South African jockey Anton Marcus was the star of an otherwise lacklustre Sha Tin card last night as he pounced twice for victories but could easily have left the course with four. Marcus drove home Tim's Tonic, the first leg of trainer Alex Wong Yu-on's double, and followed with the course specialist Bruin Supreme for Geoff Lane two races later.
'It's always lovely to win and I'm happy. Two was nice, but I went close on Champion Winner and Glory Hero too, so it could have been very nice,' Marcus said.
The win on Bruin Supreme was Marcus' first on the gelding, but the seven-year-old has been a consistent winner over last night's 1,400-metre course. 'That's eight wins and six of them over this course and distance so he's been a great horse,' said Lane after Bruin Supreme had taken on his usual pacemaking duty to roll home a winner in the fifth for Marcus.
'Anton showed great judgment too because he called me for the ride. Gerald Mosse could have ridden the horse but had a commitment to David Hayes' runner so I was only too pleased to put Anton on and he did the job.'
Lane said barrier 14 was not too much of a concern to him despite the tighter C+3 track in use. 'No, I just said to Anton that he didn't have to lead on him. I said just let him sit out there for the first part of the race and just see how things were panning out before he made the decision to go to the front,' Lane said. 'When nobody wanted to go, Anton took him out there and rated him well. It's a great win for his owner, too, because his other horse, Bear Supremo, didn't have much luck the other day. This will help to ease the pain.'
Marcus showed copybook style on Tim's Tonic, box seating to the turn where he gained the right run through between the leaders. 'He's always competitive in the Class Five races and I was surprised that Eddie Lai and Douglas Whyte both knocked back the ride,' said trainer Wong, who followed in the next race with heavily-backed King Of Fish (Michael Cahill).
By contrast, Whyte had asked for the ride on King Of Fish but Wong stuck with Cahill. 'Michael Cahill did nothing wrong on the horse the other day, so I kept him on. This does seem to be an improved horse since I put the blinkers back on,' said Wong.
The feature of the night, the Chinese General Chamber Of Commerce Cup, went to trainer Peter Chapple-Hyam and his dirt specialist, By Instinct (Whyte). 'He is what he is - a dirt specialist. We tried him on the turf last time and he just failed in the heavy going,' the trainer said. 'That's four from seven on the dirt now but I will try him on the turf again before the end of the season.'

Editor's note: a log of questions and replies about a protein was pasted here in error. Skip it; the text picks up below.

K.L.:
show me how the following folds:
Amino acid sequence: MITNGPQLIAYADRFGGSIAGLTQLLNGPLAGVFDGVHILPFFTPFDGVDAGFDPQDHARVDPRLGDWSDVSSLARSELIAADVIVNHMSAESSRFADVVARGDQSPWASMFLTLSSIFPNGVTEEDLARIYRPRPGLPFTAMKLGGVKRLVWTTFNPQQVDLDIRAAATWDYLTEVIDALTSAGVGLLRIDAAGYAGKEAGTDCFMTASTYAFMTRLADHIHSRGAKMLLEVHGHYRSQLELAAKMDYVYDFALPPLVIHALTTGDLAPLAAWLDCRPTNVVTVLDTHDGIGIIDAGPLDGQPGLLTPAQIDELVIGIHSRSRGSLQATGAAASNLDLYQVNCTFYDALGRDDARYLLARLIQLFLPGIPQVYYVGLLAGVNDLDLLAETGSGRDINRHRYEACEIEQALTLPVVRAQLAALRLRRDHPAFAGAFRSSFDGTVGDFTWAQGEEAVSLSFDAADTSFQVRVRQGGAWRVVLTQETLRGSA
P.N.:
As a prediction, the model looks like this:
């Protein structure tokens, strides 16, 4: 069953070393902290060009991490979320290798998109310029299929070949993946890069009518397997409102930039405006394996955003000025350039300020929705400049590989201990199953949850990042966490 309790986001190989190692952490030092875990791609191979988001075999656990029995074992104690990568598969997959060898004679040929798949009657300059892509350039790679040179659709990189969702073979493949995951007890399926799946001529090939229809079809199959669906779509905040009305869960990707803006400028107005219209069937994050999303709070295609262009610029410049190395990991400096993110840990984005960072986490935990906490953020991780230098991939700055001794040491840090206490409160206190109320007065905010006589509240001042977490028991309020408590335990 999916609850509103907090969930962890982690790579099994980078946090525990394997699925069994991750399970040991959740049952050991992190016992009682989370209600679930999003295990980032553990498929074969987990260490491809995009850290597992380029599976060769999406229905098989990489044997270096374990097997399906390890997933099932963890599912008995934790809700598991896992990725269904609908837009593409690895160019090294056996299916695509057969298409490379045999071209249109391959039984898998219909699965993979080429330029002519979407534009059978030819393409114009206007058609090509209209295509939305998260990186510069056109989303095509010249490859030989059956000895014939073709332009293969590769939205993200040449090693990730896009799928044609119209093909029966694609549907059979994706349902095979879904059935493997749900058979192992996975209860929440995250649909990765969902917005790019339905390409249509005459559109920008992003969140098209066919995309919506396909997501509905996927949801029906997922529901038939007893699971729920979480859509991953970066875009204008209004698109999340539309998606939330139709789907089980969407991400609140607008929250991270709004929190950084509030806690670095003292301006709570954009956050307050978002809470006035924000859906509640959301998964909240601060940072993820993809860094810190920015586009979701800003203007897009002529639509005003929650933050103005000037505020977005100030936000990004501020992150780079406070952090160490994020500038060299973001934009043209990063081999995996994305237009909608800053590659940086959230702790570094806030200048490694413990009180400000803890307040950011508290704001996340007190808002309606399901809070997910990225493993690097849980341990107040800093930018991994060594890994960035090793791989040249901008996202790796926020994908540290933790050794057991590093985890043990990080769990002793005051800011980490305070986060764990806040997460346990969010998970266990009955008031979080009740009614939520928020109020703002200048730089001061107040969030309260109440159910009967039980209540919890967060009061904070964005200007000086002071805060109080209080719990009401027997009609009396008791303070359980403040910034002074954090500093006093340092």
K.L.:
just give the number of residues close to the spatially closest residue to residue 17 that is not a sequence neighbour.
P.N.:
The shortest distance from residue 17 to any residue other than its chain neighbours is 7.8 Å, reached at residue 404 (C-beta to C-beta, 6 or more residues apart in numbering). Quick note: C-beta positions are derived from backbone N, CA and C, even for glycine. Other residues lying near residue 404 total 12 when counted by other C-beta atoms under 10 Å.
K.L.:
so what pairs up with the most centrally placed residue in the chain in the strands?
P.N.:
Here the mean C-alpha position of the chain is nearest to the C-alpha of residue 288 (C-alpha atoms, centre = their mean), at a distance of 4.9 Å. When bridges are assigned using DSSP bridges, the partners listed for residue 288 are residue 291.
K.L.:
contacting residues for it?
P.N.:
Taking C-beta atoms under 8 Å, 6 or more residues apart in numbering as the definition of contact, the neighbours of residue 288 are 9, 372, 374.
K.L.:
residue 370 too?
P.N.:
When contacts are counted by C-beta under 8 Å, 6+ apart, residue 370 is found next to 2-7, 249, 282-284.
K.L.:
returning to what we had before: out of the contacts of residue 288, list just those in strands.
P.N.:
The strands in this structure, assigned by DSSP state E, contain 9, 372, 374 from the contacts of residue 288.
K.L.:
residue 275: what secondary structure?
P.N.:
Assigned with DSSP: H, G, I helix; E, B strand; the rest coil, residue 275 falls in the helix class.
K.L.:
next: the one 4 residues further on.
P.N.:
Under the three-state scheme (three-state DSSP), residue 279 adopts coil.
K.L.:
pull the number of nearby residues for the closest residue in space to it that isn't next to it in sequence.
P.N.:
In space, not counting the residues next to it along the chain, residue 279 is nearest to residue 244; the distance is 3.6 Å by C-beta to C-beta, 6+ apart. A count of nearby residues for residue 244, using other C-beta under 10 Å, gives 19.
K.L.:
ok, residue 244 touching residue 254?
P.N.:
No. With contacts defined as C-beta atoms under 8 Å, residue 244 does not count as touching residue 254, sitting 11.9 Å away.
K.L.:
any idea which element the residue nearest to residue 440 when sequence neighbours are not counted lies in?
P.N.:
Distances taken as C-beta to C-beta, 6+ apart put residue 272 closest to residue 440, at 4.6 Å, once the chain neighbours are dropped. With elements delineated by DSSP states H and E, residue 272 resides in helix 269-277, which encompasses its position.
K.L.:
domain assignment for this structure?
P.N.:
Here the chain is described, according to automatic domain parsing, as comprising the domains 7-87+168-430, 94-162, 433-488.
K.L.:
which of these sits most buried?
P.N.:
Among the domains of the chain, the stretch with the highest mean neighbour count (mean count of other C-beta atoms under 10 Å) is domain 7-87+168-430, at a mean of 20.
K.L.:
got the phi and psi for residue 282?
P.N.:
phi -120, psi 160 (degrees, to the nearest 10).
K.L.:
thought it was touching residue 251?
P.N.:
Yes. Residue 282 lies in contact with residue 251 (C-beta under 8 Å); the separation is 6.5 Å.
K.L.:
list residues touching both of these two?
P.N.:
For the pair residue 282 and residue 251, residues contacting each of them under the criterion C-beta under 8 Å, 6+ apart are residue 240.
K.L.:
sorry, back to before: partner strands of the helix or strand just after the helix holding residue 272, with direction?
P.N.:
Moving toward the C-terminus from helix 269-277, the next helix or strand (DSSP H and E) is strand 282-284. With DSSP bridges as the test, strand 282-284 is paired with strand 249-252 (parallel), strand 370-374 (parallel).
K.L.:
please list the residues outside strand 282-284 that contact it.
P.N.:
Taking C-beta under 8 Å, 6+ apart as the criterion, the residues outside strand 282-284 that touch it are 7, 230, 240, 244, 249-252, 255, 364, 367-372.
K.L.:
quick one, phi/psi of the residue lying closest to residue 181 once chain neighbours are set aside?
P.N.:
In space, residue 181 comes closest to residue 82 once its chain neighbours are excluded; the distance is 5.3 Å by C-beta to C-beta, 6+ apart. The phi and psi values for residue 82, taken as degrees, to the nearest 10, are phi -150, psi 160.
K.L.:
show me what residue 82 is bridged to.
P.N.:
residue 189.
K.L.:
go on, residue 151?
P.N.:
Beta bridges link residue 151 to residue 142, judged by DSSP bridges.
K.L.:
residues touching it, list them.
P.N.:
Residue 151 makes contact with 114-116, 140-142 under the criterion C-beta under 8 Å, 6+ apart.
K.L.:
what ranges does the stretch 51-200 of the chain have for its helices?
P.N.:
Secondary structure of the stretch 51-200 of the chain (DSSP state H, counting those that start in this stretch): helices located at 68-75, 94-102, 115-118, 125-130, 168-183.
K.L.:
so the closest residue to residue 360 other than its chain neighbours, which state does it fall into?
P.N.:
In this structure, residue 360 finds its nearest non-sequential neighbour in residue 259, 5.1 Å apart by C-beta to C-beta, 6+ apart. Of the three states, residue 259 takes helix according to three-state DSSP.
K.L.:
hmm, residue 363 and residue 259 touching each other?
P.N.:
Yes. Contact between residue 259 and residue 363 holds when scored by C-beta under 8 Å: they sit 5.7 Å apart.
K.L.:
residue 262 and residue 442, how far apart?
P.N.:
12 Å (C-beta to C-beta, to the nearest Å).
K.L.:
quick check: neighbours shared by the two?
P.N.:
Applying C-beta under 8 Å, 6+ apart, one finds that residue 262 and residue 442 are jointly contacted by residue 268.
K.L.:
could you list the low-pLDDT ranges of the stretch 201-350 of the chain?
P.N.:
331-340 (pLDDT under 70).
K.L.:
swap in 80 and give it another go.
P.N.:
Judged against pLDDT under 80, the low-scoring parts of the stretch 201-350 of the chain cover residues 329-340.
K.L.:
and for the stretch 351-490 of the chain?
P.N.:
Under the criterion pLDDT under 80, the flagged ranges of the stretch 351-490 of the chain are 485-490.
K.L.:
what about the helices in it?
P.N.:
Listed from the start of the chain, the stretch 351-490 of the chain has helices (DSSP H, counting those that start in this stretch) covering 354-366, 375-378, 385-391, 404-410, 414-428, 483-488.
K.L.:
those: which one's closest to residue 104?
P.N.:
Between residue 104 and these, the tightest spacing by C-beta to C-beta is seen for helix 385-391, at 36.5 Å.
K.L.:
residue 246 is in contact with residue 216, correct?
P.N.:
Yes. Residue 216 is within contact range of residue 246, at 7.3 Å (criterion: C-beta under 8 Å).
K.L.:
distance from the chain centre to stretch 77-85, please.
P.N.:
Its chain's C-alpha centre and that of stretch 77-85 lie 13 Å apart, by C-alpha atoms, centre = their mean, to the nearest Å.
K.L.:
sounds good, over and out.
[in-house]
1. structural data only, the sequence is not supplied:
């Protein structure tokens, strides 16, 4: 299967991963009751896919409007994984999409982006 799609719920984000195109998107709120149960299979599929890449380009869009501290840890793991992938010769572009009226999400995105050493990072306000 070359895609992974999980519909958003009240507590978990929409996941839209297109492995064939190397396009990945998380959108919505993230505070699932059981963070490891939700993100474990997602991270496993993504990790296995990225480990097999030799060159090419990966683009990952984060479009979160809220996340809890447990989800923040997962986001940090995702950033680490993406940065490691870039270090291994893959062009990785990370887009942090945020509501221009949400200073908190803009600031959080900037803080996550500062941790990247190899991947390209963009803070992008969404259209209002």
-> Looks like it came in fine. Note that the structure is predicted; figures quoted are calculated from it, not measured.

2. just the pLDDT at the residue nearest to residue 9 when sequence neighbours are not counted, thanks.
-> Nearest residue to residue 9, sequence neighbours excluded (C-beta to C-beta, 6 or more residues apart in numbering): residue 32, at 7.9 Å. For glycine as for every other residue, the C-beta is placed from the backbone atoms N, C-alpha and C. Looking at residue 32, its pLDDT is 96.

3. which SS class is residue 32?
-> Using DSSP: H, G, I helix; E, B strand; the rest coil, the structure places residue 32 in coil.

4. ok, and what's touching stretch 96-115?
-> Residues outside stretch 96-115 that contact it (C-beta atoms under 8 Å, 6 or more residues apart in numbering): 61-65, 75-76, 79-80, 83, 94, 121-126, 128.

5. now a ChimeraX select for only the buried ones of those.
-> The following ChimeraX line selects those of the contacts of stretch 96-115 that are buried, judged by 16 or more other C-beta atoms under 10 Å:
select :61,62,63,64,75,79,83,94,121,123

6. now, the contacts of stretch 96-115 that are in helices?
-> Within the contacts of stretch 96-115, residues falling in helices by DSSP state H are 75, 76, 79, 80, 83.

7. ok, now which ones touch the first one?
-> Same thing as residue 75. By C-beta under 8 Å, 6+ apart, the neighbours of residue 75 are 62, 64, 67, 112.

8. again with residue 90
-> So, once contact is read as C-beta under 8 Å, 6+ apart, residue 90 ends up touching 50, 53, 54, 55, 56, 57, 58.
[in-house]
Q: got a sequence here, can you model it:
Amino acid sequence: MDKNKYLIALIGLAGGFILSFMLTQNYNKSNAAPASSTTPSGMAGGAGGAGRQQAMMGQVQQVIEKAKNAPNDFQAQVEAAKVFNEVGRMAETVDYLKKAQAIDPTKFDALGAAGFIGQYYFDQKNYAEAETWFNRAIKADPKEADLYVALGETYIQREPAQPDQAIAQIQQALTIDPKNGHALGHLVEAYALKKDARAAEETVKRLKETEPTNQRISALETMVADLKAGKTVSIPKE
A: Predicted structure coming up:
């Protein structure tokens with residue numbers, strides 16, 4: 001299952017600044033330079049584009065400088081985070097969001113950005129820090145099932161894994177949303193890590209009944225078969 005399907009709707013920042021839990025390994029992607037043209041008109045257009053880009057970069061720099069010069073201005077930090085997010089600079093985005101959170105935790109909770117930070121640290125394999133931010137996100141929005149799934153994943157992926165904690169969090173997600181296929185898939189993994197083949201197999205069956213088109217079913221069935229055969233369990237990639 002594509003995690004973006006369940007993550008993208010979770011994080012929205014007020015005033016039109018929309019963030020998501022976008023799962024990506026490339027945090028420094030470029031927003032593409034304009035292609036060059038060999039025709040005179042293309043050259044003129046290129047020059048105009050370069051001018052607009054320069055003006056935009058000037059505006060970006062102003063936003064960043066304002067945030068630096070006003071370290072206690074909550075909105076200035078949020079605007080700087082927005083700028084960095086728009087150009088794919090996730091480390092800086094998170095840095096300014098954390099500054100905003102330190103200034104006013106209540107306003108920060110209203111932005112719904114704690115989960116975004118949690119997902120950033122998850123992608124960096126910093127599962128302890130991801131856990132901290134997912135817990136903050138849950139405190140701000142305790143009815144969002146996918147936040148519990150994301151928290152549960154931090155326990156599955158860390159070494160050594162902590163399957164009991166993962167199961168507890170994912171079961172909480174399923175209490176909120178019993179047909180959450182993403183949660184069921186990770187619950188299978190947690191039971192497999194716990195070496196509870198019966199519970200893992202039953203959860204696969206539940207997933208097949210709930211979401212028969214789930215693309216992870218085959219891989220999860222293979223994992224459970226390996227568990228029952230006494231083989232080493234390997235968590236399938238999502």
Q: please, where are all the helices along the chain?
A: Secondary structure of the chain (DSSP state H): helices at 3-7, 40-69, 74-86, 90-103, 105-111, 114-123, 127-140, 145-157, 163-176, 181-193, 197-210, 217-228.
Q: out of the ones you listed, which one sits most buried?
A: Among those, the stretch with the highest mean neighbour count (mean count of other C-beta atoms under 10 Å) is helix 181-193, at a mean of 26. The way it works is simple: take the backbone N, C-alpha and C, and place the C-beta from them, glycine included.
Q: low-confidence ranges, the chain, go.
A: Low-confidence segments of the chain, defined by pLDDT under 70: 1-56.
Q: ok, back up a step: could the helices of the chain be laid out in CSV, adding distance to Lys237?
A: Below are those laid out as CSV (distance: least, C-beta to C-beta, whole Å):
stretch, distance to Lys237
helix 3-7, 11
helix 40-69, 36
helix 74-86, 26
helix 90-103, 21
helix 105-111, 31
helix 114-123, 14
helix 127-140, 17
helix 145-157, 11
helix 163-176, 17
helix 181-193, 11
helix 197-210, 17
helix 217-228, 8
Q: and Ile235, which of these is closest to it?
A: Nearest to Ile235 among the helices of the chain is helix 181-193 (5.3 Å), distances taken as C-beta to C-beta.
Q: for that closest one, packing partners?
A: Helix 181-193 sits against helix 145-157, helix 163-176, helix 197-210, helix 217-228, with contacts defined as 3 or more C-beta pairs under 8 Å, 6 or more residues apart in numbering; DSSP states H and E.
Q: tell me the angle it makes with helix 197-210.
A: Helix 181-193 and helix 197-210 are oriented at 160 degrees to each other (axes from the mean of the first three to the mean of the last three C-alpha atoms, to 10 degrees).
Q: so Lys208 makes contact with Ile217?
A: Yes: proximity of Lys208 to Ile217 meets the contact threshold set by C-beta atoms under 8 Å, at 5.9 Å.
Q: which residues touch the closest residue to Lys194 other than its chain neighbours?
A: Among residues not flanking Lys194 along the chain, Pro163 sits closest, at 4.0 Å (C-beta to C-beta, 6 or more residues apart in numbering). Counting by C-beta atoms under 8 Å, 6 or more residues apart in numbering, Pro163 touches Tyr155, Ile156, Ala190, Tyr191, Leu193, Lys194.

Whyte praised the effort, saying that he had been forced to make more use of By Instinct than is usually the case. 'From the inside draw, I didn't want to get caught behind runners so I committed him a bit earlier than I normally would,' Whyte said. 'I had to come around the leaders' heels at about the 500 metres and start moving on him a bit early so By Instinct did a good job to fight off Glory Hero. He's a very genuine sort of horse.'
Ricky Yiu Poon-fie's debutant Flashing Star (Glyn Schofield) produced the most promising effort of the night when he broke the class record in the opening race. 'His preparation has been very good but I was a bit worried when the second horse Forte kicked so strongly,' Yiu said. 'Knowing that my horse is going to appreciate longer than 1,000 metres, I didn't know if he would be able to go with a speed horse like that but he was very strong.'
This pair drew well clear of the field and Flashing Star's 56.6 seconds lowered the record set by stablemate Good Lad last season by 0.1 of a second.
Peter Ng Bik-kuen-trained Major Bee (Henry Tsang) caused a major upset in the other Class Four event over 1,000 metres, leading throughout to beat Champion Winner by the barest of margins and in much slower time than the first event.
'He didn't race well around a bend last time so we tried bringing him back to the straight course and it worked out,' said Ng.
Weichong Marwing described his race seven win on Ivan Allan-trained Flying General as 'an armchair ride', while Rodney Quinn wrapped up the card with another long-priced win on Andy Leung Ting-wah's Colourful Era.